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Re: Server-side roles in the HTTP

From: <kugler@us.ibm.com>
Date: Thu, 2 Sep 1999 09:56:16 -0600
To: "Mark Nottingham" <mnot@mnot.net>
cc: http-wg@cuckoo.hpl.hp.com, http-wg@hplb.hpl.hp.com
Message-ID: <872567E0.0057C8D6.00@d53mta08h.boulder.ibm.com>


Mark wrote:
>
>Carl,
>
>Thanks for that. I should clarify in the draft that it's aimed at 1.1 AND
>1.0 connections (hence, buffering and so forth).
>
>
>> Why wouldn't streaming the response with the "chunked" encoding be
>preferable to
>> buffering and generating a Content-Length?  I don't think the server
>should
>> attempt to buffer the response unless it's talking to an HTTP/1.0 client.
>
>That's what is intended; will clarify.
>
>
>> >   Servers SHOULD reply to requests that allow transfer encoding of
>> >  objects (i.e., TE header present) with appropriate encoding, in a
>> >  fashion transparent to the content generator.
>>
>> This paragraphs seems to suggest that transfer encoding is only allowed if
>the
>> TE request-header is present.  However, if the TE field-value is empty or
>if no
>> TE field is present, the transfer-coding "chunked" is allowed, and is
>always
>> acceptable.
>
>Intention here was more on the compress, deflate, gzip side than chunked.
>perhaps
>(e.g., compression-related TE request headers)
>instead of
>(i.e., TE header present)
>?
>

In that case, I think you want the "Accept-Encoding" header, not TE. (Make sure
you're looking at a fresh copy of the spec.)  The issue is of content-encoding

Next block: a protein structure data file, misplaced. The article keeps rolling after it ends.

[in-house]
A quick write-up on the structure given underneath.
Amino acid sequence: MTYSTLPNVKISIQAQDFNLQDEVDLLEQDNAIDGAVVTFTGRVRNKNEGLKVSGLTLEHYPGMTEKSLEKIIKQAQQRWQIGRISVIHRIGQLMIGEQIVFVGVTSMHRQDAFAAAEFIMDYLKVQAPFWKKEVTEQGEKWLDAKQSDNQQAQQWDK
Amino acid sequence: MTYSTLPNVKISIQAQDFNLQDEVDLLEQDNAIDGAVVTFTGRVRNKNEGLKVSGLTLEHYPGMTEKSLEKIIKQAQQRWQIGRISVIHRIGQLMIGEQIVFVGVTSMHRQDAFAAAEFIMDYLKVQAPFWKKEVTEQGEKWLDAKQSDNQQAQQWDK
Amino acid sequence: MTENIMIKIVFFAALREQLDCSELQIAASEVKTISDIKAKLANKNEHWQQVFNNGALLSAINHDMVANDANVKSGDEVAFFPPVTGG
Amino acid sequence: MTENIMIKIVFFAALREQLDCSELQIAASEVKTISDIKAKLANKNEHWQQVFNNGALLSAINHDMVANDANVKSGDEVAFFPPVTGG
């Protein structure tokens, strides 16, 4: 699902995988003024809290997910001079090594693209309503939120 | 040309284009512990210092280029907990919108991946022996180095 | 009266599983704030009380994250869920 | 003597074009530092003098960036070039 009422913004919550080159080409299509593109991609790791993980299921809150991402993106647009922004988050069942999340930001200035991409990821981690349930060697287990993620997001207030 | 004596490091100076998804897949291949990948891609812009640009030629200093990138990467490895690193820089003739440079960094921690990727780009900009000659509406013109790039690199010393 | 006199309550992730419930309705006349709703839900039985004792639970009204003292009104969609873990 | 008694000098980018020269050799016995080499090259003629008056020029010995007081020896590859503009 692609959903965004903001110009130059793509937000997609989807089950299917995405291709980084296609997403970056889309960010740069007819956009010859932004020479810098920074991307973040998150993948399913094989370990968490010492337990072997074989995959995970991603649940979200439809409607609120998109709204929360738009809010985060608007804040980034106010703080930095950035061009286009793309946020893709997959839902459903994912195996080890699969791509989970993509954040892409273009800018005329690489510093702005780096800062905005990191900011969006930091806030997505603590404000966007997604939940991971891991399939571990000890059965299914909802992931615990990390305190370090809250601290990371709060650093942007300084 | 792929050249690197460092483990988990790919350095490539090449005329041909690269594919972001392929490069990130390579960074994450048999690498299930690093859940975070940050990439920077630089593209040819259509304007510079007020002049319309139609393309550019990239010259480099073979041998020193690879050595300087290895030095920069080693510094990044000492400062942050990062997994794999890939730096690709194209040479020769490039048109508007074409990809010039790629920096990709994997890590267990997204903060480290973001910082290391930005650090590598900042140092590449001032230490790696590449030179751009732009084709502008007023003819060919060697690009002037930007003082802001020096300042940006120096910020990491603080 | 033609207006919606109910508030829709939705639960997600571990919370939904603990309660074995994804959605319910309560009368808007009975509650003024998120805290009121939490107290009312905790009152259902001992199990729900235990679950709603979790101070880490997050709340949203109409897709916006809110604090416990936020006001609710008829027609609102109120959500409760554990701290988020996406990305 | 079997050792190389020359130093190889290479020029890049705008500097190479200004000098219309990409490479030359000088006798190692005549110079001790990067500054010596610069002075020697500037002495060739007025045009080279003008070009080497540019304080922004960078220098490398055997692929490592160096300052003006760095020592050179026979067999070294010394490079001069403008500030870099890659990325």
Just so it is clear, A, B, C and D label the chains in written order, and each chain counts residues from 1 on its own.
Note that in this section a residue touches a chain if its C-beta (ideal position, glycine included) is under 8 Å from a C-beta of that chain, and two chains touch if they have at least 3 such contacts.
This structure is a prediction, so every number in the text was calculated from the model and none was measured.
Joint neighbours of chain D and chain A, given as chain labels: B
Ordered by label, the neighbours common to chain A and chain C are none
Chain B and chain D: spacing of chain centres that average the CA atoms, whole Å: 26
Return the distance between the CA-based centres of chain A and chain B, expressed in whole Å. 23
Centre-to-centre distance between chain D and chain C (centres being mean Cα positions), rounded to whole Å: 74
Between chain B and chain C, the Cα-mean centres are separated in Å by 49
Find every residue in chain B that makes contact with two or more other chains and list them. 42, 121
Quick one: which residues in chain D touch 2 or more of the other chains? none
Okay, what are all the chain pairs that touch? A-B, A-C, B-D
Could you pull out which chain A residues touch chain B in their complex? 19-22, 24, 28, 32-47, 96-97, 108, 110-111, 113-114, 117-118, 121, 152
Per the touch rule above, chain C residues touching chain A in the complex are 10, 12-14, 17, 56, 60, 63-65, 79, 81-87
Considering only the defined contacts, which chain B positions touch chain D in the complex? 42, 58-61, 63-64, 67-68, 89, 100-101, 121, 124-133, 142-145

vs. transfer-encoding.

>
>> >   There MUST be a method by which content generators can specify that
>> >   content is not to be buffered; this MAY be performed by a pseudo-
>> >   HTTP header that is consumed by the server.
>>
>> I think you're only addressing generated (response) content in this
>statement.
>> I'd also like to have a method by which content generators can specify
>that the
>> received (request) content is not to be buffered.   Sometimes the "content
>> generator" can be doing something useful with the content of a large POST
>> request while it's still being received (or even while it's still being
>> generated by the client).  In some applications (e.g., IPP), POST content
>may be
>> so large that you don't even want the server to attempt to buffer it.
>
>Ah, interesting. yes, the request side would be good to put in there - will
>reread the IPP> chunked post messages.
>
>I hestiated to put in actual suggestions for buffering thresholds.
>Suggestions?
>
>Thanks,
>
>
>
Received on Thursday, 2 September 1999 17:00:32 EDT

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